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Number of Northern Pass jobs questioned

Staff Report
January 22. 2012 11:00PM

An association of independent power producers is expected today to cast doubt on claims by Northern Pass that its transmission line project will create 1,200 construction jobs.

The New England Power Generators Association, a Boston-based organization that opposes Northern Pass, plans to present its own analysis of the jobs attributed to the Northern Pass project.

'Our report will show that it has a small employment impact,' said Sandi Hennequin, vice president of the group. 'Obviously in this environment, everyone's talking about jobs.'

Northern Pass spokesman Martin Murray said the expert who studied the project's economic impact, New Hampshire economist Dr. Lisa Shapiro, used generally accepted economic models to make her projections.

'We certainly stand by the results of that study,' Murray said.

In 2010, Northern Pass completed a report that detailed the economic impact of its proposed 180-mile transmission line from Pittsfield to Deerfield.

The line would bring electricity generated by HydroQuebec into the New England power grid.

Last April, Shapiro released a subsequent report, paid for by Northern Pass, that estimated the $1.1 billion project will create between 1,100 and 1,300 jobs per year from 2013 to 2015, the primary construction period.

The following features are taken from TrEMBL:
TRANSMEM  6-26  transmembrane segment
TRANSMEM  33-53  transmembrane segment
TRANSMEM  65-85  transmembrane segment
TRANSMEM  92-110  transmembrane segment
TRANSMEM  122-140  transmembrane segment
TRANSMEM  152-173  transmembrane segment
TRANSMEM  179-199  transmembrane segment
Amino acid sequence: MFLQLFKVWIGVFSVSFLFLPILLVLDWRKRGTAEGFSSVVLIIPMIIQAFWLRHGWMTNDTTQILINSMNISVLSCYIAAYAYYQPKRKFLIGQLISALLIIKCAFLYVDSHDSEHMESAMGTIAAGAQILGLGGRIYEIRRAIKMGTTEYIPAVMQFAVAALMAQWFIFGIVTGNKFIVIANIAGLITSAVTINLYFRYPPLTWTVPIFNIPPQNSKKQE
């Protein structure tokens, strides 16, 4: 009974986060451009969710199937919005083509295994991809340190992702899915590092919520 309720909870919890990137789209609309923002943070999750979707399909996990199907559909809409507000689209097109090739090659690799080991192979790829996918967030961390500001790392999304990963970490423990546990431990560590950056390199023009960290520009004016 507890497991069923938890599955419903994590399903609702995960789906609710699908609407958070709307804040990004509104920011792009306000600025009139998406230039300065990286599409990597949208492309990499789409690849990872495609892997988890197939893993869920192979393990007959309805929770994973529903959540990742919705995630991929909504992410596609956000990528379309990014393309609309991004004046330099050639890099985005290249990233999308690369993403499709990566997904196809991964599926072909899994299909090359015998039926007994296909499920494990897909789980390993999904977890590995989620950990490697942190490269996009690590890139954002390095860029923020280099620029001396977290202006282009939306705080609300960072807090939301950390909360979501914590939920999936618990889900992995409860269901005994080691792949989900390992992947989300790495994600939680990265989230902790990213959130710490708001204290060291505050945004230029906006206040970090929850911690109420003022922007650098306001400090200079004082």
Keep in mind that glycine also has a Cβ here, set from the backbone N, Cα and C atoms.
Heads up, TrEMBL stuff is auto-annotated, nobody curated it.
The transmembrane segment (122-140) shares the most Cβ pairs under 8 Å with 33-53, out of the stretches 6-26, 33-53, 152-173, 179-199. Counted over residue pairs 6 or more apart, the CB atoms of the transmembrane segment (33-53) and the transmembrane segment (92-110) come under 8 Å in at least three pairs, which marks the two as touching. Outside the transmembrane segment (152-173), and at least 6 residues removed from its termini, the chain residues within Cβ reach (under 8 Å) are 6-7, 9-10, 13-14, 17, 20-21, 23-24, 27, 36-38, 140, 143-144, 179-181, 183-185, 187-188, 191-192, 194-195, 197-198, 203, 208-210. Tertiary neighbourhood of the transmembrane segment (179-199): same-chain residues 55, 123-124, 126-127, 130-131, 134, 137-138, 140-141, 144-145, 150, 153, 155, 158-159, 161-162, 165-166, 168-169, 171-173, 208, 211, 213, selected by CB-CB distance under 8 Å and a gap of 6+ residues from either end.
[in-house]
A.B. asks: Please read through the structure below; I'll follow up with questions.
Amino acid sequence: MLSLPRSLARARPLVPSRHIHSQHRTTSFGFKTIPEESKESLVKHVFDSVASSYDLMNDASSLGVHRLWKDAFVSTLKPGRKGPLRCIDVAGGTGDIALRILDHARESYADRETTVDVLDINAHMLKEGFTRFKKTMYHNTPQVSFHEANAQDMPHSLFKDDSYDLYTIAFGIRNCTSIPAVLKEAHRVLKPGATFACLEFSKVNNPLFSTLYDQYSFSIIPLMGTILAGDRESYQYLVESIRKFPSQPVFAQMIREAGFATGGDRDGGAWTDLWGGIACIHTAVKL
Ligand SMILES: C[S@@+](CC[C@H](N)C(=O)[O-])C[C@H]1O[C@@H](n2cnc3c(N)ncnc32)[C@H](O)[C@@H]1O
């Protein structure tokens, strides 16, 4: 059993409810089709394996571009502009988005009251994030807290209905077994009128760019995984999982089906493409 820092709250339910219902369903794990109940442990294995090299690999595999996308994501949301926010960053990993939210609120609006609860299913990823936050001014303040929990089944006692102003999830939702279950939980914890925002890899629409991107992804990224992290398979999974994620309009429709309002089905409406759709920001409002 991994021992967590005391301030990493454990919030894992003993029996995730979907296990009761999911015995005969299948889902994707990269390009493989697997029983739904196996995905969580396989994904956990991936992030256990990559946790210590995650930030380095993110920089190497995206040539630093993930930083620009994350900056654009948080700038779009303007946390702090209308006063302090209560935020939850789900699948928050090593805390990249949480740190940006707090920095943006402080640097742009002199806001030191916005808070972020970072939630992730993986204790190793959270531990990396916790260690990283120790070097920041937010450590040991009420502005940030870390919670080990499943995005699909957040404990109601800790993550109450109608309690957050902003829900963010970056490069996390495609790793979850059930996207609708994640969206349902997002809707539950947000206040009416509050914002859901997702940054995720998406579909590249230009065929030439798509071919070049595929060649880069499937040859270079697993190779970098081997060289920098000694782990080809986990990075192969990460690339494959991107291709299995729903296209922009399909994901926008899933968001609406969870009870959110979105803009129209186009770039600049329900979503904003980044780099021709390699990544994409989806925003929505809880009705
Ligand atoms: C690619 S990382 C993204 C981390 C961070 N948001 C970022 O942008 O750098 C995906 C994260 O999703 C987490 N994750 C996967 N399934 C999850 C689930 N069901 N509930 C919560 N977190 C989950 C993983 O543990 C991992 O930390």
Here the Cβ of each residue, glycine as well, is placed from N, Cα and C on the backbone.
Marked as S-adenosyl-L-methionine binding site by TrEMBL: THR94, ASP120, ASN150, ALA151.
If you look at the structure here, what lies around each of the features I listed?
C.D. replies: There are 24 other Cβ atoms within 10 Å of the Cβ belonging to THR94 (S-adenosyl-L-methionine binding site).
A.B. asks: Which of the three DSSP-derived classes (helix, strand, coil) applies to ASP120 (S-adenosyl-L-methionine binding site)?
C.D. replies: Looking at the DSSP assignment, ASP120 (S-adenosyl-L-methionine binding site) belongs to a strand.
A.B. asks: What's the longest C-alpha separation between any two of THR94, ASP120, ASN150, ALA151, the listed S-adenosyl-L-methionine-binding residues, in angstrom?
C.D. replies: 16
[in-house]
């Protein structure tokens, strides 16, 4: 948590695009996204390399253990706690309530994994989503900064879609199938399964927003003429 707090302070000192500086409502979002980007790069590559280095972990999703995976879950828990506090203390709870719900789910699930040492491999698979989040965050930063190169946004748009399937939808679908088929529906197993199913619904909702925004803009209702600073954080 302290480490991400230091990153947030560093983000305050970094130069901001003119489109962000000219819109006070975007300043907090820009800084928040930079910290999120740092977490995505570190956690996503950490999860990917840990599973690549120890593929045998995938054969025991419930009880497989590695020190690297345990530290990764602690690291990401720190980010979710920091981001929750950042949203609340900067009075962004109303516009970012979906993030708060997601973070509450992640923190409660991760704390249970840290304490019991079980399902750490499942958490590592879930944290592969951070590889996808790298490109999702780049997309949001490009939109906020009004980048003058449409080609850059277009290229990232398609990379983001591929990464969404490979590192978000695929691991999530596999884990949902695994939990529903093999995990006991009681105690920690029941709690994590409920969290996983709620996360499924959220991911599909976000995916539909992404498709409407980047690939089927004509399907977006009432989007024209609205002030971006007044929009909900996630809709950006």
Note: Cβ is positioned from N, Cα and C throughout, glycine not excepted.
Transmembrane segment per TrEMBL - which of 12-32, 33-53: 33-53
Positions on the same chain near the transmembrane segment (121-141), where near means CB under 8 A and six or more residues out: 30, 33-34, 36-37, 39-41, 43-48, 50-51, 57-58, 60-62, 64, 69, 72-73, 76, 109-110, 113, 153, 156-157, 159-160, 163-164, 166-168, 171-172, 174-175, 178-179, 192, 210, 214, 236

The Power Generators Association report, written by Dover economist Brian Gottlob of PolEcon Research, is expected to dispute those findings.

'Our report does spend time talking about the percentage of jobs that would be for New Hampshire people,' Hennequin said.

Northern Pass' initial 2010 report said between one-quarter and one-third of construction costs would be spent locally. It also said that most New Hampshire jobs would be in tree harvesting, site work and construction, including electrical, professional and technical services.

The Power Generators Association has been on record against Northern Pass, complaining that the potential use of eminent domain creates an unfair advantage for a competitor.

'We're more than willing to compete. It has to be the same rules and a level playing field,' Hennequin said.

Murray said the organization represents fossil fuel-burning plants, including natural gas, that could be displaced by Northern Pass.

'If you put new, cleaner and economical energy in the marketplace, it's going to replace something else,' he said.

The Power Generators Association has scheduled a news conference for 1 p.m. today at the Dupont Group offices in Concord to release its findings.

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